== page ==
Today in labor history: N.J. mill strikers urged to keep fighting

On this day in 1913, striking silk mill workers in Paterson, New Jersey were increasingly at odds with police, who repeatedly crushed their efforts to hold rallies. However, Pietro Botto, socialist mayor of nearby town Haledon, invited the strikers to assemble on the front lawn of his house. There, they joined a crowd of 20,000, who listed as speakers urged them not to give up their fight.

Speakers there included members of the Industrial Workers of the World, novelist Upton Sinclair, and journalist John Reed.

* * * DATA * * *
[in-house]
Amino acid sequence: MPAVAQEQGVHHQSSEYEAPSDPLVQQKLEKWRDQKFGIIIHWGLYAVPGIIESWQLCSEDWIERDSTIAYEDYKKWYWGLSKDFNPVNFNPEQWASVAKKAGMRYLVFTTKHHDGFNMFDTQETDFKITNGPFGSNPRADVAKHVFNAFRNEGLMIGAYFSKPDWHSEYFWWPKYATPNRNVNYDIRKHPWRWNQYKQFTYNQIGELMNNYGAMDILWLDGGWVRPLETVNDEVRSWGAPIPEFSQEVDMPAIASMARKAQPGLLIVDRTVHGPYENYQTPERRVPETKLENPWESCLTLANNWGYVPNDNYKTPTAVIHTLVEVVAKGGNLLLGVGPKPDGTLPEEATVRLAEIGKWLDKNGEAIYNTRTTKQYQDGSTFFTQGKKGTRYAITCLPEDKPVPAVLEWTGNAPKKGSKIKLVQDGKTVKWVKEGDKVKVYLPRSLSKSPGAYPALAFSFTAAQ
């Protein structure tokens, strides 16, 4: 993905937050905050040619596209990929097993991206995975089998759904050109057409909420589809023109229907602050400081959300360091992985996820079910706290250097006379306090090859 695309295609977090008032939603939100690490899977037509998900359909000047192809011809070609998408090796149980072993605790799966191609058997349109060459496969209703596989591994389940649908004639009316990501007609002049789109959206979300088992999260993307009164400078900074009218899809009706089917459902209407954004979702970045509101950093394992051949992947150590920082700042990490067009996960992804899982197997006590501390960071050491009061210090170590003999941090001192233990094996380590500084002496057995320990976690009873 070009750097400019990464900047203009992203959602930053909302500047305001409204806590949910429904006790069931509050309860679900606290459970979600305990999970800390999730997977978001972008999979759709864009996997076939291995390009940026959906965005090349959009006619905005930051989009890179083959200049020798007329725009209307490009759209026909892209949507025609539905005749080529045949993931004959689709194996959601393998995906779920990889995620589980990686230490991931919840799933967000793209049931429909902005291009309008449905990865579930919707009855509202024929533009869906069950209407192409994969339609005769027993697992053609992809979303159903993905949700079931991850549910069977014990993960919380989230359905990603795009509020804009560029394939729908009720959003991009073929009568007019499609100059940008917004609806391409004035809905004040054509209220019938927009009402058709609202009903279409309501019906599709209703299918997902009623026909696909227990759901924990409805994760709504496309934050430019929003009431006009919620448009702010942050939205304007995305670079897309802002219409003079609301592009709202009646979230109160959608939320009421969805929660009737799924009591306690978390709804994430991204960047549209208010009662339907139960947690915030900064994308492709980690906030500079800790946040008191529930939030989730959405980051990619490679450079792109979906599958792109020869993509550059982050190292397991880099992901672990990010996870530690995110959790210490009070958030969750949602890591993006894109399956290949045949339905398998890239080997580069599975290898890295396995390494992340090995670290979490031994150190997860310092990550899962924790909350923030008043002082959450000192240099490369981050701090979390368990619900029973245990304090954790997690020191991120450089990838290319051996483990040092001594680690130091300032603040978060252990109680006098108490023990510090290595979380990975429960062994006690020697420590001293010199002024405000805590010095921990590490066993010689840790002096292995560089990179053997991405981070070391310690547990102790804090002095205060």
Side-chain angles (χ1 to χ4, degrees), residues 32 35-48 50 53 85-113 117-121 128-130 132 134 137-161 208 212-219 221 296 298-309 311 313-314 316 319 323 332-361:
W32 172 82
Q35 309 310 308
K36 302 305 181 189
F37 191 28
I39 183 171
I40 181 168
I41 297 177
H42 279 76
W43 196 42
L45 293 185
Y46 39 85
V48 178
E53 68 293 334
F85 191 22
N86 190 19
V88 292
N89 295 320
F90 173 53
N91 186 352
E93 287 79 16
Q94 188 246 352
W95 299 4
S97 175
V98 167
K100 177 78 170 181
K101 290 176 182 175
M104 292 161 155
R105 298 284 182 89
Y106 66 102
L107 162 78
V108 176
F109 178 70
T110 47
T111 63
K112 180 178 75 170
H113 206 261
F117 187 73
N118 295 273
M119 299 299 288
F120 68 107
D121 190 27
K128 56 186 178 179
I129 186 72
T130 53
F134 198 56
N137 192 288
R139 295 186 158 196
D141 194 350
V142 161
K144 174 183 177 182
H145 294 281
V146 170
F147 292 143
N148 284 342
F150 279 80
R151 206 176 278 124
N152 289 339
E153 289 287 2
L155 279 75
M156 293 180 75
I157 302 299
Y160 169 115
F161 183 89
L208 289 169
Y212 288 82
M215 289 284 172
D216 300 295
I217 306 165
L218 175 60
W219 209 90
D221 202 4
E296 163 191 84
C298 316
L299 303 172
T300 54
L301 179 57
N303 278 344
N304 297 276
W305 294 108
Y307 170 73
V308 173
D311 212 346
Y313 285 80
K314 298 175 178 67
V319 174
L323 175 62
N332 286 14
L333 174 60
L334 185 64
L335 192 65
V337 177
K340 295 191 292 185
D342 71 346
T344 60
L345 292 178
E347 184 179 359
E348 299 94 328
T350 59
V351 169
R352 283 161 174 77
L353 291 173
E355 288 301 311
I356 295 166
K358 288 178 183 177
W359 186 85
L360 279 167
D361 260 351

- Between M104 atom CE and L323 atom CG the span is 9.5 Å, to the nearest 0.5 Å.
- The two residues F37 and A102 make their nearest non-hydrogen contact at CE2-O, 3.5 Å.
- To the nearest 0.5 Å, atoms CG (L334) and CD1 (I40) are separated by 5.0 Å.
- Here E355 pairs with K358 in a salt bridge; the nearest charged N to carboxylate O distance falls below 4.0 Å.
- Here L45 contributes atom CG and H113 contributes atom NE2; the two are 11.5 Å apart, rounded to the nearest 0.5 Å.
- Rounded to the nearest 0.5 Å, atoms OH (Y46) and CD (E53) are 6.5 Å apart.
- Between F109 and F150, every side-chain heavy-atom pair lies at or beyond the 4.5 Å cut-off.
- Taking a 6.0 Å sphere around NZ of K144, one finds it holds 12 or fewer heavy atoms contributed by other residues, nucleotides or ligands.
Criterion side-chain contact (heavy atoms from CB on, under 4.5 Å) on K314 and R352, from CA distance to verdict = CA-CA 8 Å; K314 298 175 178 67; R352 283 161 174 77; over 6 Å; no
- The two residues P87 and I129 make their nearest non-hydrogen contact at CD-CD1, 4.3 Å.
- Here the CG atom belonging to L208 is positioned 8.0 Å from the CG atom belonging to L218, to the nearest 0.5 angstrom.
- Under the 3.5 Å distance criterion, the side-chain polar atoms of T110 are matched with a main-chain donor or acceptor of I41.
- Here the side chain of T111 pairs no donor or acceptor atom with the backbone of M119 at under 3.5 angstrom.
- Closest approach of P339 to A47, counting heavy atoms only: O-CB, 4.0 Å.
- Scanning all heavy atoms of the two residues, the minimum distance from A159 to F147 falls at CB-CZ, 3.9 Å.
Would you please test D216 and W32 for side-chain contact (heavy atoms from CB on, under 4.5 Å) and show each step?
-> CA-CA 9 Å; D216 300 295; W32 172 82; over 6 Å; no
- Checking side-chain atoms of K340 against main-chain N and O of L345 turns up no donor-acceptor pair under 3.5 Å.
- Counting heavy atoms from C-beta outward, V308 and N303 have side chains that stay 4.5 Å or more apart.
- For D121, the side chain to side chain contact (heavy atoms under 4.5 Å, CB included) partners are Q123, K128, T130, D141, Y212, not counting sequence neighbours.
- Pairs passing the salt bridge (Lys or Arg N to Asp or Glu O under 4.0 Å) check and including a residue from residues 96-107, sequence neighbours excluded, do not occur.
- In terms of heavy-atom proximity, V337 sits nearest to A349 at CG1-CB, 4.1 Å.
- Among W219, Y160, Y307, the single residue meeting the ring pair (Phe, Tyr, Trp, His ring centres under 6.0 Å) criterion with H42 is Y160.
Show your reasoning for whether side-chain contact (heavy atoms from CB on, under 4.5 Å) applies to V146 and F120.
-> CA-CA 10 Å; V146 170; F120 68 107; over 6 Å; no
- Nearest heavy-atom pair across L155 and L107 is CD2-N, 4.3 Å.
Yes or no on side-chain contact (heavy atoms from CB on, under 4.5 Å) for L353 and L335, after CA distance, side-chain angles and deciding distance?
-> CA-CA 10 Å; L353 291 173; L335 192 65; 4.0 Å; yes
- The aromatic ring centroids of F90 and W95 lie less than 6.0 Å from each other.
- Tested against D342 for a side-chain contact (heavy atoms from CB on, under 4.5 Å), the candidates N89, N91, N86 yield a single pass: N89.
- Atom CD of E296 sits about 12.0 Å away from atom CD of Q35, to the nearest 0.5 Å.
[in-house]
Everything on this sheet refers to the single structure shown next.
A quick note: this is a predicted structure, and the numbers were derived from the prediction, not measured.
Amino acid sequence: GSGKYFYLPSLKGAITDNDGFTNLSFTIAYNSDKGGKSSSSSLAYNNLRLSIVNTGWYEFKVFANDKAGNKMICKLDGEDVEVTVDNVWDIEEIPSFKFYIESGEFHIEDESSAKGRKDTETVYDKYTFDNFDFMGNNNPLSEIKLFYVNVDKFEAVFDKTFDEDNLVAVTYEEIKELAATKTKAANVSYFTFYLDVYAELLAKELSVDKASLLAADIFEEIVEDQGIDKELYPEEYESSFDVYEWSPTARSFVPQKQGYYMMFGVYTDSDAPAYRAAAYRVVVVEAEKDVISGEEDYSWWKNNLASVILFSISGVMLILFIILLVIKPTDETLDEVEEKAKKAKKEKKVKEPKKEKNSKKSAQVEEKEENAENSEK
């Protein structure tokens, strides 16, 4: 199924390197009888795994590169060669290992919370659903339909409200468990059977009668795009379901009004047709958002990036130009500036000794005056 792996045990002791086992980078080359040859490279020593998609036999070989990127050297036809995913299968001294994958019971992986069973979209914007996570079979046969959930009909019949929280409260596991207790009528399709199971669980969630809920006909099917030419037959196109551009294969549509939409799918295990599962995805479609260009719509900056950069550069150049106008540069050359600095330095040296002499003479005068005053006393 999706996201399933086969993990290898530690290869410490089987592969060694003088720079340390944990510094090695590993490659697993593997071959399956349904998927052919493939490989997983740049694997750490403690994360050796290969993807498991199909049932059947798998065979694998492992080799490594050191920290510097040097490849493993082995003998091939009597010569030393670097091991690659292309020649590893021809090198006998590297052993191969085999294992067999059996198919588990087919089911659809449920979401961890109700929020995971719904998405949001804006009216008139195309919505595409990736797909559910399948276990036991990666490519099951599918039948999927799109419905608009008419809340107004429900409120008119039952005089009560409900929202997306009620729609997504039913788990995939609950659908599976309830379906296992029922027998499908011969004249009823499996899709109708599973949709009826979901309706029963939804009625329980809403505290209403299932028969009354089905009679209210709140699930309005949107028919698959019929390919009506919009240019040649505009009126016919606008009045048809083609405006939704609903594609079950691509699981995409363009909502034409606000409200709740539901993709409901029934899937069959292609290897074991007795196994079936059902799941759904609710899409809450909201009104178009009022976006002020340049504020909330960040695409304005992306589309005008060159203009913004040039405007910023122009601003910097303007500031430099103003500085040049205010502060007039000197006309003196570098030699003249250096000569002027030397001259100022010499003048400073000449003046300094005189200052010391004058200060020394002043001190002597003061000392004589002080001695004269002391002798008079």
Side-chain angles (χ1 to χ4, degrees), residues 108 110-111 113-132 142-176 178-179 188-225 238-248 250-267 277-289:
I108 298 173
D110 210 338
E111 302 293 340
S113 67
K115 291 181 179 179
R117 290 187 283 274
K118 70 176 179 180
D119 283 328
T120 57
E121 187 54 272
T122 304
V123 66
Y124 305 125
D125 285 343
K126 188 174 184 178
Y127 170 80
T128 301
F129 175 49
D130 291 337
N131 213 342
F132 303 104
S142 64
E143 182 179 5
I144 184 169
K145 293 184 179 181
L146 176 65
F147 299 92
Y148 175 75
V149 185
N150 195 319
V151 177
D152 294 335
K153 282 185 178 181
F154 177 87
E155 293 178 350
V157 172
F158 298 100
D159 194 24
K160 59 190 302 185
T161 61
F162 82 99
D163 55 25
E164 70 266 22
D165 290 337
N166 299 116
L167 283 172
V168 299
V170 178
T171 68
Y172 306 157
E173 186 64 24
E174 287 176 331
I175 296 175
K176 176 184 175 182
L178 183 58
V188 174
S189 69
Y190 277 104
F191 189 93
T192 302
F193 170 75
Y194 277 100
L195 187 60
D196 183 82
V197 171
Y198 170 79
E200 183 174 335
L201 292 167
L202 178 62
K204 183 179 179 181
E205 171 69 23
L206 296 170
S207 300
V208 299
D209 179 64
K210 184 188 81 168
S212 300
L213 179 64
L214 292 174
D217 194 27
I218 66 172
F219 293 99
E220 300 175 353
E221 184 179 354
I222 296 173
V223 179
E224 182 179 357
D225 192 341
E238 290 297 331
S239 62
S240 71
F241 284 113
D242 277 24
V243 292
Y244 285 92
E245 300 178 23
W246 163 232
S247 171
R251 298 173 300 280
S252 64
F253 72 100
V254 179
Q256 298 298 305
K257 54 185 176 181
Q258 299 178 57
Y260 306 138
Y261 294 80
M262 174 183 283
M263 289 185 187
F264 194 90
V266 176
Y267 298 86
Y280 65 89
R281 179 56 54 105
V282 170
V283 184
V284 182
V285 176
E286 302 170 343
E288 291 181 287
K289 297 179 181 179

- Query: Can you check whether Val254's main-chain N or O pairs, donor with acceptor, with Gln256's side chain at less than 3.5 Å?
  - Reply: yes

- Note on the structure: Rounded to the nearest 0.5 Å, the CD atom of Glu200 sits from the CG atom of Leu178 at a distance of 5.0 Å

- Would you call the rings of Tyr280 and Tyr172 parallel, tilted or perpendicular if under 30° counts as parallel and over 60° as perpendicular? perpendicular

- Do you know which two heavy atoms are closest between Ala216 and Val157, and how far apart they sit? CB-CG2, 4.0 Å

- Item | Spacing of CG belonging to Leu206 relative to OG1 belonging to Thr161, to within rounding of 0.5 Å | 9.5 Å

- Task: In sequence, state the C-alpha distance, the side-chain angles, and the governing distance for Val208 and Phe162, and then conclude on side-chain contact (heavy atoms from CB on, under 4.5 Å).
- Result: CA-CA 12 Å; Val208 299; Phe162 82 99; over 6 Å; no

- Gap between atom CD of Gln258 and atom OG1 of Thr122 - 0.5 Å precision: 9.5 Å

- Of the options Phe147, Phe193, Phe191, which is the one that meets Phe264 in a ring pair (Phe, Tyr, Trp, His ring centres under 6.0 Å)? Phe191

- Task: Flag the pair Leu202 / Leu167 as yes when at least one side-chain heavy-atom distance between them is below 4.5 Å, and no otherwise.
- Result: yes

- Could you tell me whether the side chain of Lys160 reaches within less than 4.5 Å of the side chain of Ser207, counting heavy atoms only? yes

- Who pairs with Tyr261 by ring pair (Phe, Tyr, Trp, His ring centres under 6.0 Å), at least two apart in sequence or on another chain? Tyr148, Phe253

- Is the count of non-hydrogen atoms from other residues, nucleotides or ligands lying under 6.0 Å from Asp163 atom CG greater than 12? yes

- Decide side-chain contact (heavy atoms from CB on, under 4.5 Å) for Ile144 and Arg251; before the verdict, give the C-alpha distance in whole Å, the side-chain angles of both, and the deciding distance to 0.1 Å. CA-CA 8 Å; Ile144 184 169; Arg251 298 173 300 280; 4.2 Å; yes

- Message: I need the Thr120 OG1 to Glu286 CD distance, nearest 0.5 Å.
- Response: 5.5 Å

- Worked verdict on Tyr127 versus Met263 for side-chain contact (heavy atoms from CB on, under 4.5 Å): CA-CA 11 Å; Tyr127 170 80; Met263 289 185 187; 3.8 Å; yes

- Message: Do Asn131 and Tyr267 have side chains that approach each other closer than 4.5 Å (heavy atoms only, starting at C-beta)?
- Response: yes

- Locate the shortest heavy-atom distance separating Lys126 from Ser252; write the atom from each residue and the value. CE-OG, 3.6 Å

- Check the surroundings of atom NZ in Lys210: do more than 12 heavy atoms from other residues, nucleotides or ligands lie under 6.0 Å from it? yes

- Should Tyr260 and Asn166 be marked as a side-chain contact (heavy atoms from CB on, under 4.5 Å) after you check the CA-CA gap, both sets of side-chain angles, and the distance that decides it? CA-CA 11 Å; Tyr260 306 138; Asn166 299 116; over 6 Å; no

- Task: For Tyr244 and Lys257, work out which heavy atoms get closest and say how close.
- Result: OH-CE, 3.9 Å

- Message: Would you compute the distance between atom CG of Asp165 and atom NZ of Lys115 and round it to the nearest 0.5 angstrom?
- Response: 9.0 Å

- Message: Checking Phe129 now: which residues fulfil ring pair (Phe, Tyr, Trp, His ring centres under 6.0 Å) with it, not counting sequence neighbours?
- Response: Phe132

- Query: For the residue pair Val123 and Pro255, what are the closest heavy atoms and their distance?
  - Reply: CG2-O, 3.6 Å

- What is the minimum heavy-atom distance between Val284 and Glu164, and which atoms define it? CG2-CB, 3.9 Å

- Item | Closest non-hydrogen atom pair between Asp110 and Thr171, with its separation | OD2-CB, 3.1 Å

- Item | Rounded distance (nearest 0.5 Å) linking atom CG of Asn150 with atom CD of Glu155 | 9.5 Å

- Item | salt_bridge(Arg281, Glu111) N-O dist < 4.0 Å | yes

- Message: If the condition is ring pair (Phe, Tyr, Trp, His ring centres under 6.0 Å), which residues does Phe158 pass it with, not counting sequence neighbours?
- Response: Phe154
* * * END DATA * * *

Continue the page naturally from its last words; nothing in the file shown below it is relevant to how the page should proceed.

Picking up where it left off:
Today, Botto’s home has become the American Labor Museum, which offers special exhibits on the history of workers and the labor movement in general.

Photo: Workers march during the Paterson silk strike. Wikipedia


CONTRIBUTOR

Special to People’s World
Special to People’s World

People’s World is a voice for progressive change and socialism in the United States. It provides news and analysis of, by, and for the labor and democratic movements to our readers across the country and around the world. People’s World traces its lineage to the Daily Worker newspaper, founded by communists, socialists, union members, and other activists in Chicago in 1924.

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